Achieving caribou conservation gains and enhanced winter recreational opportunities
As of November 1st delayed winter access is in effect for the ranges of the A La Peche (North Boundary), Brazeau (South Jasper) and Tonquin caribou herds. These annual seasonal restrictions are one of a suite of actions being implemented in support of caribou conservation. These areas can still be enjoyed after February 28th (Feb. 15th in the Tonquin) and in the meantime, get out and explore the rest of the park! Check out the wealth of winter activities in Jasper National Park: Winter in Jasper.
In support of caribou conservation, winter access is delayed annually until later in the season in three areas of important caribou habitat in Jasper National Park, the Tonquin, A La Peche and Brazeau caribou ranges (see maps below). These areas are still available for use later in the winter when the days are longer and temperatures generally warmer.
As part of the comprehensive public engagement process on caribou conservation and winter recreation, Parks Canada also committed to enhanced winter recreational opportunities. In 2013-14, the Decoigne area was upgraded as a new winter recreational hub including a warming hut and multi-use trail network. Parks Canada is investing in new product development, enhancements to the current offer and improved promotion of winter opportunities in the park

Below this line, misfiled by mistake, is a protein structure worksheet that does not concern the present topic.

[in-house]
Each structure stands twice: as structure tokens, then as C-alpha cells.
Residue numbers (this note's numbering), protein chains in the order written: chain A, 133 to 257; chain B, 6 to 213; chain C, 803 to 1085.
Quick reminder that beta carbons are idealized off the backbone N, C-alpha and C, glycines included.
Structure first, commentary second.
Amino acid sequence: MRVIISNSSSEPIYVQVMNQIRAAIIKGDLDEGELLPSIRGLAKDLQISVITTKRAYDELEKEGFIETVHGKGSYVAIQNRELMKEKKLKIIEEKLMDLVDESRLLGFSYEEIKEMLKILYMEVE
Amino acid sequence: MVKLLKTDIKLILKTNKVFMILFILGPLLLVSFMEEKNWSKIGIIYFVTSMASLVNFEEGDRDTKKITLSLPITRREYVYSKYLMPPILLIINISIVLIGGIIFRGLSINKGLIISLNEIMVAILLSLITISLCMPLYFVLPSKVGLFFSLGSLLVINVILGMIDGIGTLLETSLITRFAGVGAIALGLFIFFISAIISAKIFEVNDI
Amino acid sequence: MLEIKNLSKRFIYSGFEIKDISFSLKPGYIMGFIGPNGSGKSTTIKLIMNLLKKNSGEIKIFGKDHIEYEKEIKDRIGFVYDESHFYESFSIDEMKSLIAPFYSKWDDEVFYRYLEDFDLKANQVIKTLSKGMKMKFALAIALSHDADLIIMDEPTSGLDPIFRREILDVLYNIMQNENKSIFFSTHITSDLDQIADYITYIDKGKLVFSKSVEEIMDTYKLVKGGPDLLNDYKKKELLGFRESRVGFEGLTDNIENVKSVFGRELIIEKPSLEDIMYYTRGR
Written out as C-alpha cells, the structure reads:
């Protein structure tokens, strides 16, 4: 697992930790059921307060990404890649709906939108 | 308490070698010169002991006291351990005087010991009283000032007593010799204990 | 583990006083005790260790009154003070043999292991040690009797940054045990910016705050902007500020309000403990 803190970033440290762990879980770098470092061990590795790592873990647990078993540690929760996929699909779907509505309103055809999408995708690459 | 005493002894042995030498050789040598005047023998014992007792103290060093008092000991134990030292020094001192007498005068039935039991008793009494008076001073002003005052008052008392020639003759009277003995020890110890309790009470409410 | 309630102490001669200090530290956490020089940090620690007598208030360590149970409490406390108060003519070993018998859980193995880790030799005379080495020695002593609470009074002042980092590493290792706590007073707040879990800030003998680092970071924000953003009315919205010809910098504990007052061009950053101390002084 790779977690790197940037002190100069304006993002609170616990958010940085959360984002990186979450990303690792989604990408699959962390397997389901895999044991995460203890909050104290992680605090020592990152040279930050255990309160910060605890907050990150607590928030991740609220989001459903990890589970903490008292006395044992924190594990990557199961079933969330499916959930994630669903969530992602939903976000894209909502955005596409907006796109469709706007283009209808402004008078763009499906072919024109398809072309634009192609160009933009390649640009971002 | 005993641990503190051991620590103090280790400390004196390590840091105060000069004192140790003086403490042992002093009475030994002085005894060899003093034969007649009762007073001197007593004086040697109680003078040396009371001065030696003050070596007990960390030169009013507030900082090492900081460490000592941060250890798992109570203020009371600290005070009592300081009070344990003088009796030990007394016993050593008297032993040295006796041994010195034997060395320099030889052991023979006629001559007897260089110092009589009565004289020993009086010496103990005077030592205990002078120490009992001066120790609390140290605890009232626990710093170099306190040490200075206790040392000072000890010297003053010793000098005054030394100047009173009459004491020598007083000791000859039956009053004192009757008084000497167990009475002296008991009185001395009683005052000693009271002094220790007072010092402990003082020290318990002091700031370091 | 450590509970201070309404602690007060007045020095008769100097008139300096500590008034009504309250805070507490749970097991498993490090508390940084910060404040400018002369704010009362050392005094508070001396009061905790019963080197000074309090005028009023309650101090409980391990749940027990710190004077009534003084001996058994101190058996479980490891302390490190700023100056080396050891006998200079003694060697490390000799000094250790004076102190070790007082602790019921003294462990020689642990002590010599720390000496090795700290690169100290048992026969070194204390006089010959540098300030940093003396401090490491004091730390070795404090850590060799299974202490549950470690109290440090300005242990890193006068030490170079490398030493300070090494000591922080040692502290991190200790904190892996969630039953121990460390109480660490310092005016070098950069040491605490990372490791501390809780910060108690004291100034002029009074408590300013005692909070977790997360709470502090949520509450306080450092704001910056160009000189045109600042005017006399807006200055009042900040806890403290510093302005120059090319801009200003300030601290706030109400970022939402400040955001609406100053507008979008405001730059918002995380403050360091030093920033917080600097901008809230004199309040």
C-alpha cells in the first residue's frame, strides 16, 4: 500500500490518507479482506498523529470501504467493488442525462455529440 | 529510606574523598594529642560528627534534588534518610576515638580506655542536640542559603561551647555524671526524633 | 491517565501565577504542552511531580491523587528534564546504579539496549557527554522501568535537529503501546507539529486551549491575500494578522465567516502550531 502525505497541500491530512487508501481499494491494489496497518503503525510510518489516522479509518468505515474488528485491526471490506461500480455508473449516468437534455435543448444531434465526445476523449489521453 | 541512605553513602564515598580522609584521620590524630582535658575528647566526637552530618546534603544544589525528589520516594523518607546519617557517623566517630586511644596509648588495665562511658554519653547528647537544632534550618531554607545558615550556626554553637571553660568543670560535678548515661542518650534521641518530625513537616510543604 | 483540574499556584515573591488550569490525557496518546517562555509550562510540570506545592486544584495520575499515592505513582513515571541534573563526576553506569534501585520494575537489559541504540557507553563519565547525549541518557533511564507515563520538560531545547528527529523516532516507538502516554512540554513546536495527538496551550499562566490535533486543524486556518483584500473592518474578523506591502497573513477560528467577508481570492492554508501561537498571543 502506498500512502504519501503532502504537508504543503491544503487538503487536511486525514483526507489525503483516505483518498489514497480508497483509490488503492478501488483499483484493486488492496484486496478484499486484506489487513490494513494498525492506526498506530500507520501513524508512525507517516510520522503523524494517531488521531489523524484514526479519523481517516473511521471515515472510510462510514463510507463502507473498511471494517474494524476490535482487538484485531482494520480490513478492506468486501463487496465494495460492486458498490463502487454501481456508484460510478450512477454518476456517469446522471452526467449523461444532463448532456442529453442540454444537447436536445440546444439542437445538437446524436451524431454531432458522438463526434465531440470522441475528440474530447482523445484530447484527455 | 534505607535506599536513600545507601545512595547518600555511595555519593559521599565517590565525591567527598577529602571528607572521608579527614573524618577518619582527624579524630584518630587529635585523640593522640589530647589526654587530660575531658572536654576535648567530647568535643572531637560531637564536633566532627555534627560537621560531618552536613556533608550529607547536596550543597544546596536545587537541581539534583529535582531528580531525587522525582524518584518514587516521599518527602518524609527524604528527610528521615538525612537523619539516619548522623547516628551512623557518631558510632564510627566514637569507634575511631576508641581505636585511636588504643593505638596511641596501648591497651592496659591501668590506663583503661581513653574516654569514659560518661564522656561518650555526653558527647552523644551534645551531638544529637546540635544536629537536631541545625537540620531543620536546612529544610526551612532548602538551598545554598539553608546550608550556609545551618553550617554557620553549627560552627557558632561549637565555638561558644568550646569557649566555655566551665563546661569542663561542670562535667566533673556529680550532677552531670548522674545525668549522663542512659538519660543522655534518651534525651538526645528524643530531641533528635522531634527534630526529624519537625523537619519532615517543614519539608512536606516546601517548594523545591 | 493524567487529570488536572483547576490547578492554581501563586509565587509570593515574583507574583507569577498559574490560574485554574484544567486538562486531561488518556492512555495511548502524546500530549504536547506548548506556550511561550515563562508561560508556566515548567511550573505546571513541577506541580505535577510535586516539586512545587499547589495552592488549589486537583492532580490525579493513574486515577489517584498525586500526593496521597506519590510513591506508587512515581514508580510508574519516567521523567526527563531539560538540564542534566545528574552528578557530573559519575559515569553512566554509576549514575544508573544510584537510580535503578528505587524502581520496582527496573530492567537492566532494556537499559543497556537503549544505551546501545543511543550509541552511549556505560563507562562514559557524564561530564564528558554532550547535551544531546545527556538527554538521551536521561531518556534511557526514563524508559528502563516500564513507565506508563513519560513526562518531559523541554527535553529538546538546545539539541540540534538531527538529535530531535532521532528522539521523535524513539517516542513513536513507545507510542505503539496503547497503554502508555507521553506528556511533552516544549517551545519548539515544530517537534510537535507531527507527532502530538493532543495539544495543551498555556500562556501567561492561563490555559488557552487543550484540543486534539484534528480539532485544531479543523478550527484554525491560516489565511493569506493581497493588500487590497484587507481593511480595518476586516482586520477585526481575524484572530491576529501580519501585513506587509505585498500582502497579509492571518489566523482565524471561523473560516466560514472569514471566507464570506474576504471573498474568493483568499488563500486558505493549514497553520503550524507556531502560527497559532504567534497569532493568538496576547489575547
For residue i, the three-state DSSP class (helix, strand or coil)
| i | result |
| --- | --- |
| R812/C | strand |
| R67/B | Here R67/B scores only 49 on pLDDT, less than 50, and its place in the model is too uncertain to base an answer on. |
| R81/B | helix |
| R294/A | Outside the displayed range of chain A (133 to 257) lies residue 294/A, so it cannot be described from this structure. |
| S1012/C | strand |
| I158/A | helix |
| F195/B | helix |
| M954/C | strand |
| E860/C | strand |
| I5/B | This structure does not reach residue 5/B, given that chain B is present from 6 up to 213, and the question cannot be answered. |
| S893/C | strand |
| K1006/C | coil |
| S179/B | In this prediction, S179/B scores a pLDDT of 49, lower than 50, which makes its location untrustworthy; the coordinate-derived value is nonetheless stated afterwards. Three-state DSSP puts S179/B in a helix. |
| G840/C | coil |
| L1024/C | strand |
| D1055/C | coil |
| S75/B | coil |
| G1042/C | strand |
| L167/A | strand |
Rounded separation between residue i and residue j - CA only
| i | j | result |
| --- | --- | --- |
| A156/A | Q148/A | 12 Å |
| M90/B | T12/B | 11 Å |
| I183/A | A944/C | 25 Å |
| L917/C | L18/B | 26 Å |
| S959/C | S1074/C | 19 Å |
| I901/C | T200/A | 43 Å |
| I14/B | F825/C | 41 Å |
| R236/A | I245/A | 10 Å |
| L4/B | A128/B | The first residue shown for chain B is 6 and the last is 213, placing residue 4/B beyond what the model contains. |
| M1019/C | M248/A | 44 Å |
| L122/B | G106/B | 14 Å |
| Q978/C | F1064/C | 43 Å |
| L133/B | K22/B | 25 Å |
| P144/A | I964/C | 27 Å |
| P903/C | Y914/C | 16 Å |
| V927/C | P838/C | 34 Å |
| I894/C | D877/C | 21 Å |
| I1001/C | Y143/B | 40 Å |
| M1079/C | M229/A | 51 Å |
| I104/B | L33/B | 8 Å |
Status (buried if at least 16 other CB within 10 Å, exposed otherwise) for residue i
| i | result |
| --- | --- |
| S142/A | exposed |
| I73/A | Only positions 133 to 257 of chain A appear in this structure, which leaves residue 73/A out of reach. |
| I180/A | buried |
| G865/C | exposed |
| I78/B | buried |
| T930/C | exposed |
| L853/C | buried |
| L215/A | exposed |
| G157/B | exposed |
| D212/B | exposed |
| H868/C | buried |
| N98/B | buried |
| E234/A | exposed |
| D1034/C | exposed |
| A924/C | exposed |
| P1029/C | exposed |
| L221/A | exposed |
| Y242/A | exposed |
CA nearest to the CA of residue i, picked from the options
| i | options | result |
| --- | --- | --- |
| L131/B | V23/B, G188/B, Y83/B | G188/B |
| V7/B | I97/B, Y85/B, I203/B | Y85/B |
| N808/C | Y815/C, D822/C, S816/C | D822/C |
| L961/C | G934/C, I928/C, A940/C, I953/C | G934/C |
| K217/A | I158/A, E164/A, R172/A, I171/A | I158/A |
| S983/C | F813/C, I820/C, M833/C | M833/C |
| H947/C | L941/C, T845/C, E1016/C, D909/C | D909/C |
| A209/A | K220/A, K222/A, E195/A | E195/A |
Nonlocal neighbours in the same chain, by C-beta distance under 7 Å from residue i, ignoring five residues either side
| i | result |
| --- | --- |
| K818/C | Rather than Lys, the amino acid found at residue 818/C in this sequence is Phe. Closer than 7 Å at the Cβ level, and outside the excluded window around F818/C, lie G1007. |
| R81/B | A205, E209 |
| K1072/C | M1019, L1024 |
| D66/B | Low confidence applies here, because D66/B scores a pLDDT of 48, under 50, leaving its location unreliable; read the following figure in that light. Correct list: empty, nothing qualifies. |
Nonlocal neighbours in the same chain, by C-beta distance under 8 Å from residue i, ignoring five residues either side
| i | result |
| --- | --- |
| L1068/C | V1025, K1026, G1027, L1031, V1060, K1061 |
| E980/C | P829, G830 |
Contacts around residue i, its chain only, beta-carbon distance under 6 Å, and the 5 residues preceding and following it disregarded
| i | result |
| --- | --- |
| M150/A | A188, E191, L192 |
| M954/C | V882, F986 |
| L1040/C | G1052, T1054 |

These Parks Canada initiatives support Canada's National Conservation Plan by taking practical action on Woodland caribou conservation and connecting Canadians to nature by enhancing opportunities to experience the park in winter.
On June 4, 2014, Environment Canada posted the final Recovery Strategy for the Woodland Caribou, Southern Mountain population (Rangifer tarandus caribou) in Canada. The Recovery Strategy outlines goals for caribou recovery, identifies critical habitat and describes activities likely to result in destruction of critical habitat. Parks Canada contributed to the development of the Strategy and is now responsible for its implementation on national park lands.
How does this affect you?
As of Nov. 1st, winter access will be delayed until February 28th in the A La Peche (northern Jasper) and Brazeau caribou ranges (southern Jasper) in the park, and until February 15th in the Tonquin caribou range. Help us protect Jasper’s threatened caribou by choosing other areas of the park for winter recreation during this time. Jasper National Park is a premier winter destination offering a variety of opportunities and experiences throughout the winter.
- Caribou in Jasper National Park belong to the Southern Mountain Population of woodland caribou listed as Threatened under Canada’s Species at Risk Act.
- Three of the four woodland caribou herds found in Jasper National Park have dropped to critically low numbers and are at risk of disappearing. In 2011, Parks Canada released the Conservation Strategy for Southern Mountain Caribou in Canada’s National Parks proposing actions to address caribou declines.